Lori Zehr, President of the Canadian Society for Exercise Physiology comments:“The Canadian Society for Exercise Physiology is extremely supportive of the research conducted in the making of this position stand. The impact of physical activity on children has and always will be an important goal for us. Our physical activity/sedentary behavior guidelines outline the evidence-based recommendations for newborns to youth 17 years of age. We have confidence that this position stand highlights the importance of evidence supporting the benefits, and risks, of childhood physical activity as well as the particular risks associated with their inactivity.” Dr. Terry Graham, Editor APNM comments:“CSEP, the national voice for exercise physiology, has published an objective report that considers not only the benefits but also the risks of physical activity. The latter have rarely been considered in such young individuals; these may be serious injuries with long term health implications and in rare circumstances sudden death. In today's world many young children are under the supervision of professionals for extended periods of time while both parents work and furthermore, children are often encouraged to take part in 'sport camps' that may provide prolonged, intense exercise. Thus this position stand is particularly timely and applicable to our society.” “Canadian Society for Exercise Physiology Position Stand: Benefit and Risk for Promoting Childhood Physical Activity” was published today in the journal Applied Physiology, Nutrition, and Metabolism. This work was supported by the Canadian Institutes of Health Research (reference # 119124).###Please cite Applied Physiology, Nutrition, and Metabolism as the source of this story and include hyperlink to paper (DOI: dx.doi.org/10.1139/apnm-2014-0074) Source: Longmuir, P.; Colley, R.; Tremblay, M.; and Wherley, V. Canadian Society for Exercise Physiology Position Stand: Benefit and Risk for Promoting Childhood Physical Activity. Applied Physiology, Nutrition, and Metabolism. Vol. 39. DOI: 10.1139/apnm-2014-0074. Media Contacts:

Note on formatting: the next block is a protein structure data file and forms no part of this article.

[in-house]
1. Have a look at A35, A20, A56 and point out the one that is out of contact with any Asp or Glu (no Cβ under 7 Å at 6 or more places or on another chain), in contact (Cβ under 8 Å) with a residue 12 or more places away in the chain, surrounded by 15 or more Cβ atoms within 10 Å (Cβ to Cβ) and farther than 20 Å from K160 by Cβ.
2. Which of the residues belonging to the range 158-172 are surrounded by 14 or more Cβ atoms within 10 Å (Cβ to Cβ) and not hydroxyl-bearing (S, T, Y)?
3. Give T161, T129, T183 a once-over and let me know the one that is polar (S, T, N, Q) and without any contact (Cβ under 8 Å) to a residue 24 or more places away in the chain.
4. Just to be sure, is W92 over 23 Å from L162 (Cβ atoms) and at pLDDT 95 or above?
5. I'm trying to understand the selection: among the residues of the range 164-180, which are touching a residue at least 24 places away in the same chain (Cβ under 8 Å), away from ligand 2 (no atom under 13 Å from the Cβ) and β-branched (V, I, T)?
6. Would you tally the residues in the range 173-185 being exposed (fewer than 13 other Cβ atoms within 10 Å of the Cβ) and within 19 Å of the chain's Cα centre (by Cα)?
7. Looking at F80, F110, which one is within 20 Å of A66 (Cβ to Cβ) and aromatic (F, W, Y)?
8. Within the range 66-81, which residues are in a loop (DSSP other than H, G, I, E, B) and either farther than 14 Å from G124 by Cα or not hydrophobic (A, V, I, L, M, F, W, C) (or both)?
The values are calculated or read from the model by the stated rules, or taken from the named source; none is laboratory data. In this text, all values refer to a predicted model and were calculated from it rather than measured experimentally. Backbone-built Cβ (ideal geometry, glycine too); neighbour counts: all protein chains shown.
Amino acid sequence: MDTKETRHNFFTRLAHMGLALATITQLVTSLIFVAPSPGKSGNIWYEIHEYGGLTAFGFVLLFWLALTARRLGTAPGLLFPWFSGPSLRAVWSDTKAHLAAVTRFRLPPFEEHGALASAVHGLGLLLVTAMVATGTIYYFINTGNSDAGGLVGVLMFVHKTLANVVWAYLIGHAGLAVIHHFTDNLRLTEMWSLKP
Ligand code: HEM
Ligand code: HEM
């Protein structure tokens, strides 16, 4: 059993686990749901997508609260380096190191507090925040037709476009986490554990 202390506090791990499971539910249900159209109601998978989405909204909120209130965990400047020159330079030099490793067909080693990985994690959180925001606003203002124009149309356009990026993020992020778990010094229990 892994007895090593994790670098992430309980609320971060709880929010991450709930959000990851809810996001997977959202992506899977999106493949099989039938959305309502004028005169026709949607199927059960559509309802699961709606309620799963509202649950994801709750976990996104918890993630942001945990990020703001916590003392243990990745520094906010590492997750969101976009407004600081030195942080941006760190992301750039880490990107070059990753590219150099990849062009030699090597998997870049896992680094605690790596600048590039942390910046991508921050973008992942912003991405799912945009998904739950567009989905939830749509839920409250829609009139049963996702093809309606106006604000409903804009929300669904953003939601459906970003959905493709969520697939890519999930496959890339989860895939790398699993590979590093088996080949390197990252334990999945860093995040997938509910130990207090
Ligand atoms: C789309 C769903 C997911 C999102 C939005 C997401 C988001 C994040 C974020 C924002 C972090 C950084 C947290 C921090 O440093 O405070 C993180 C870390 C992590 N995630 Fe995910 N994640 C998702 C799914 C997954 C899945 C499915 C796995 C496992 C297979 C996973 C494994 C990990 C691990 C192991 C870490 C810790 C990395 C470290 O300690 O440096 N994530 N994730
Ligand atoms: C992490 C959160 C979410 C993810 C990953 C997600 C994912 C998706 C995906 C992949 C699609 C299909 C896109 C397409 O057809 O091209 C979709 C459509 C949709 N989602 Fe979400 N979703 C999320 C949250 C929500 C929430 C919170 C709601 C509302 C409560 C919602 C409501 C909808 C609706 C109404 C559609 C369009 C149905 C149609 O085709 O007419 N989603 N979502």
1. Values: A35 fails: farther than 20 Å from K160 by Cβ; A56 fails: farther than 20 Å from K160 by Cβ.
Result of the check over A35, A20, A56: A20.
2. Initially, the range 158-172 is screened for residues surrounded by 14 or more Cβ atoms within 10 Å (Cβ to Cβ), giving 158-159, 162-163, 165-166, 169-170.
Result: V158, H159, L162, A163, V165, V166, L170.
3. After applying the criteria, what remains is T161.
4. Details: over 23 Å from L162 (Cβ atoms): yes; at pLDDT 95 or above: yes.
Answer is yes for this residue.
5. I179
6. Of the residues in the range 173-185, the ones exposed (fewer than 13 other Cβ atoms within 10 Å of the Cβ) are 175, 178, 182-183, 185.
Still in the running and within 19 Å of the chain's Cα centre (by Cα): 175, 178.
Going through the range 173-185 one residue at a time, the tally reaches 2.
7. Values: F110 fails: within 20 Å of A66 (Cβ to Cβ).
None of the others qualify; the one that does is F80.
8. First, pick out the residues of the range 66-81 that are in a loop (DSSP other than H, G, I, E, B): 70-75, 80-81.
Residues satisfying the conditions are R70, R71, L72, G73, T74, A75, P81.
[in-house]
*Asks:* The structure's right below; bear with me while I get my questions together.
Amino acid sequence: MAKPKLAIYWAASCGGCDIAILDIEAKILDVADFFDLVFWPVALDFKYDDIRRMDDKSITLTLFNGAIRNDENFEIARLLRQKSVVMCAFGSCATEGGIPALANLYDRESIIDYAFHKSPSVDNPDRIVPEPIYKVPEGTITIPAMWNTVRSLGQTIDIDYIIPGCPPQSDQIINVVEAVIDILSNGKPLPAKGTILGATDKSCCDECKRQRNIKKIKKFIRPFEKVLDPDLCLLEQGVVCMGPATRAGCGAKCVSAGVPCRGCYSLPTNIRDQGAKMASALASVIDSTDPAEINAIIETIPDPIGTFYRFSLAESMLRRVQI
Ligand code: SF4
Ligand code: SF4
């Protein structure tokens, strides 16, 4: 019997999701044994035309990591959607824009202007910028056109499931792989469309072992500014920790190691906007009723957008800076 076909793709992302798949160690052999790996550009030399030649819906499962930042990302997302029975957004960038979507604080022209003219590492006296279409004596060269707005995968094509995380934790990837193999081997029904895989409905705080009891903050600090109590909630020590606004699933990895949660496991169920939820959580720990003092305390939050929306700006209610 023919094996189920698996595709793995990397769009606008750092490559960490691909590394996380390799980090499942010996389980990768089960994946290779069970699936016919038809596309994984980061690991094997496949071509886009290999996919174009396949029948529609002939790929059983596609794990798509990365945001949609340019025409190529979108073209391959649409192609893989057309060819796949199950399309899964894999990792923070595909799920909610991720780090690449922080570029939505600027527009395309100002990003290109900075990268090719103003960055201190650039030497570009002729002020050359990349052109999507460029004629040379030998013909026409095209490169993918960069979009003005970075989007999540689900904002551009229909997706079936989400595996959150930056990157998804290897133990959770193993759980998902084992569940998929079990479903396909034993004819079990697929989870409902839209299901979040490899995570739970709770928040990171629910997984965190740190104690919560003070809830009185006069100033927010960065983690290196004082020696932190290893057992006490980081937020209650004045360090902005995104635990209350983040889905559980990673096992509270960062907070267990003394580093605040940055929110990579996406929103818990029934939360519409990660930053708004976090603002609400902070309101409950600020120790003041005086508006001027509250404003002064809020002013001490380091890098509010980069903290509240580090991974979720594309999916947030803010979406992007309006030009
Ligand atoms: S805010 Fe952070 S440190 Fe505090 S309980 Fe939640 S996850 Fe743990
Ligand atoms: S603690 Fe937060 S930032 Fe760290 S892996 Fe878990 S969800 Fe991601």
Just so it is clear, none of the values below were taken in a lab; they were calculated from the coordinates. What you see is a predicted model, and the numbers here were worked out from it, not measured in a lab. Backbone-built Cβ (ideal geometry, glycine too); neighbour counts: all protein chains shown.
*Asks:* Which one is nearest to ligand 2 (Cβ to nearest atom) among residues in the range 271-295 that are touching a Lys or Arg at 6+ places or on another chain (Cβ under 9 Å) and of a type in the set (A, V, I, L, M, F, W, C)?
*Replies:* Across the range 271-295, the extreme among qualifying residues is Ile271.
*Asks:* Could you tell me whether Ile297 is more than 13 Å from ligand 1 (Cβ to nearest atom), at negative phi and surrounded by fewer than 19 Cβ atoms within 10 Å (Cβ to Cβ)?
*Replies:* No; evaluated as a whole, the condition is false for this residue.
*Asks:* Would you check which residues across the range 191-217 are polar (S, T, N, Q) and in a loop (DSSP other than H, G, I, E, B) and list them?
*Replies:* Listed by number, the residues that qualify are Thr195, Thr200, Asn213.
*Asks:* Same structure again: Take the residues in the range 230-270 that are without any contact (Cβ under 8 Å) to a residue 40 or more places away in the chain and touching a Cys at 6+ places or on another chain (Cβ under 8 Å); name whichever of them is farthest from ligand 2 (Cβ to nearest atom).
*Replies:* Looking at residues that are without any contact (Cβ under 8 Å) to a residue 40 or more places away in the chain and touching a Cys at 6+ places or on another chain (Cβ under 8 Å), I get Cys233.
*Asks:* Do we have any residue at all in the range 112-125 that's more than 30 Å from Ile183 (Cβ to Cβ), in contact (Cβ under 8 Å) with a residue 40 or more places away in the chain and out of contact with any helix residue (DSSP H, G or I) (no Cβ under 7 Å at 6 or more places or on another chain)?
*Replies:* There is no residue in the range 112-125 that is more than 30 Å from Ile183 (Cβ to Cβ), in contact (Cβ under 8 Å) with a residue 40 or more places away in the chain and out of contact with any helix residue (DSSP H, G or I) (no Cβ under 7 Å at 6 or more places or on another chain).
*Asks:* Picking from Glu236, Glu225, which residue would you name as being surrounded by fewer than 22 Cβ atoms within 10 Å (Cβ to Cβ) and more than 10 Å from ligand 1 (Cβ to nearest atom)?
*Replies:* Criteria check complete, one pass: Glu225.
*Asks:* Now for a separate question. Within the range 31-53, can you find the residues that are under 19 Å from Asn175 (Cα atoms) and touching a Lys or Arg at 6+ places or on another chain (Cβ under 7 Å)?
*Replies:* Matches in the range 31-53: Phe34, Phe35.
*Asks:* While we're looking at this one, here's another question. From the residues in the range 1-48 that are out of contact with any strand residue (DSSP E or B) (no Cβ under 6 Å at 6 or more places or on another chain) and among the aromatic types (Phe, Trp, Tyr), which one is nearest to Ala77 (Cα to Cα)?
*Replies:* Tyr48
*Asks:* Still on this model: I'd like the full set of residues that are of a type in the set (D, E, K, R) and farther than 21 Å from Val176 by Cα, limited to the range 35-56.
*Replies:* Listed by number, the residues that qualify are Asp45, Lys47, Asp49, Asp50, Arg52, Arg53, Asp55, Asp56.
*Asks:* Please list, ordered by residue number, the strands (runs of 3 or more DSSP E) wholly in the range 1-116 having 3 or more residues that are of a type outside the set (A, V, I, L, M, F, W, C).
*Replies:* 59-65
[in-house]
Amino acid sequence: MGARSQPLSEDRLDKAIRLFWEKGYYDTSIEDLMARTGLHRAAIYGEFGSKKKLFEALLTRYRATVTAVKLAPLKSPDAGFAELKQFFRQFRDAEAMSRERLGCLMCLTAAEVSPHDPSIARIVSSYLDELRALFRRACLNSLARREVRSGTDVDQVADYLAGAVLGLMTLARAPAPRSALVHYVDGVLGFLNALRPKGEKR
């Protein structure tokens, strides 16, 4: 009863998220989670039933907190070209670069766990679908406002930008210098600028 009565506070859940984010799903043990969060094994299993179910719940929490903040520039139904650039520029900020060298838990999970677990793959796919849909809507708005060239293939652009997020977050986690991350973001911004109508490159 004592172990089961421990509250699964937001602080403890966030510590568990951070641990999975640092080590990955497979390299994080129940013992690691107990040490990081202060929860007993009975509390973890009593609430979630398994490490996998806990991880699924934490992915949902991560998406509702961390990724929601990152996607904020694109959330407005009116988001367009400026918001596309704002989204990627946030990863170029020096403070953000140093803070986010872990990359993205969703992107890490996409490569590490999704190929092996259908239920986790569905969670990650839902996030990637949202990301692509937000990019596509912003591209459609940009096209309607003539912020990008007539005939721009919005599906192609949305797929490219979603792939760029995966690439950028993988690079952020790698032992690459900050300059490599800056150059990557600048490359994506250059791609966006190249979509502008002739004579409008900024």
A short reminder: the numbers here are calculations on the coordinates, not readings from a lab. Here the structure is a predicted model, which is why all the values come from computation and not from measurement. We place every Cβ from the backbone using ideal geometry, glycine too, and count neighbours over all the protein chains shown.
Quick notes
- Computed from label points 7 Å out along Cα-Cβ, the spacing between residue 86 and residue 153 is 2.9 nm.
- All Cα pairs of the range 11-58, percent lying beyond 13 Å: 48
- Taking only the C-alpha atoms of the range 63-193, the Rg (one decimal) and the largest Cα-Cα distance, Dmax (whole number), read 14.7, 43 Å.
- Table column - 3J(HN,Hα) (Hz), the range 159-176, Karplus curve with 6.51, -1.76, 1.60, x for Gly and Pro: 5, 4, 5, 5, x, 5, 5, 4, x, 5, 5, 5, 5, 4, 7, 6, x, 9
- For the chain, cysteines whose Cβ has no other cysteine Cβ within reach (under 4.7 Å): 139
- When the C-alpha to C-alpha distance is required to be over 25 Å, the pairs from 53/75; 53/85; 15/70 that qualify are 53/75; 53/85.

Jenny Ryan (Publisher): firstname.lastname@example.org
Note: This press release is available in French, upon request.
About the journal
Applied Physiology, Nutrition and Metabolism (issued monthly), publishes original research articles, reviews, and commentaries, focusing on the application of physiology, nutrition, and metabolism to the study of human health, physical activity, and fitness. APNM, part of the NRC Research Press suite of journals, is published by Canadian Science Publishing. The journal is affiliated with the Canadian Society for Exercise Physiology and the Canadian Nutrition Society.
About CHEO Research Institute
The CHEO Research Institute coordinates the research activities of the Children’s Hospital of Eastern Ontario (CHEO) and is affiliated with the University of Ottawa. Its three programs of research include molecular biomedicine, health information technology, and evidence to practice research. Key themes include cancer, diabetes, obesity, mental health, emergency medicine, musculoskeletal health, electronic health information and privacy, and genetics of rare disease. The CHEO Research Institute makes discoveries today for healthier kids tomorrow. For more information, visit www.cheori.org
Canadian Science Publishing publishes the NRC Research Press suite of journals but is not affiliated with the National Research Council of Canada. Papers published by Canadian Science Publishing are peer-reviewed by experts in their field. The views of the authors in no way reflect the opinions of Canadian Science Publishing. Requests for commentary about the contents of any study should be directed to the authors.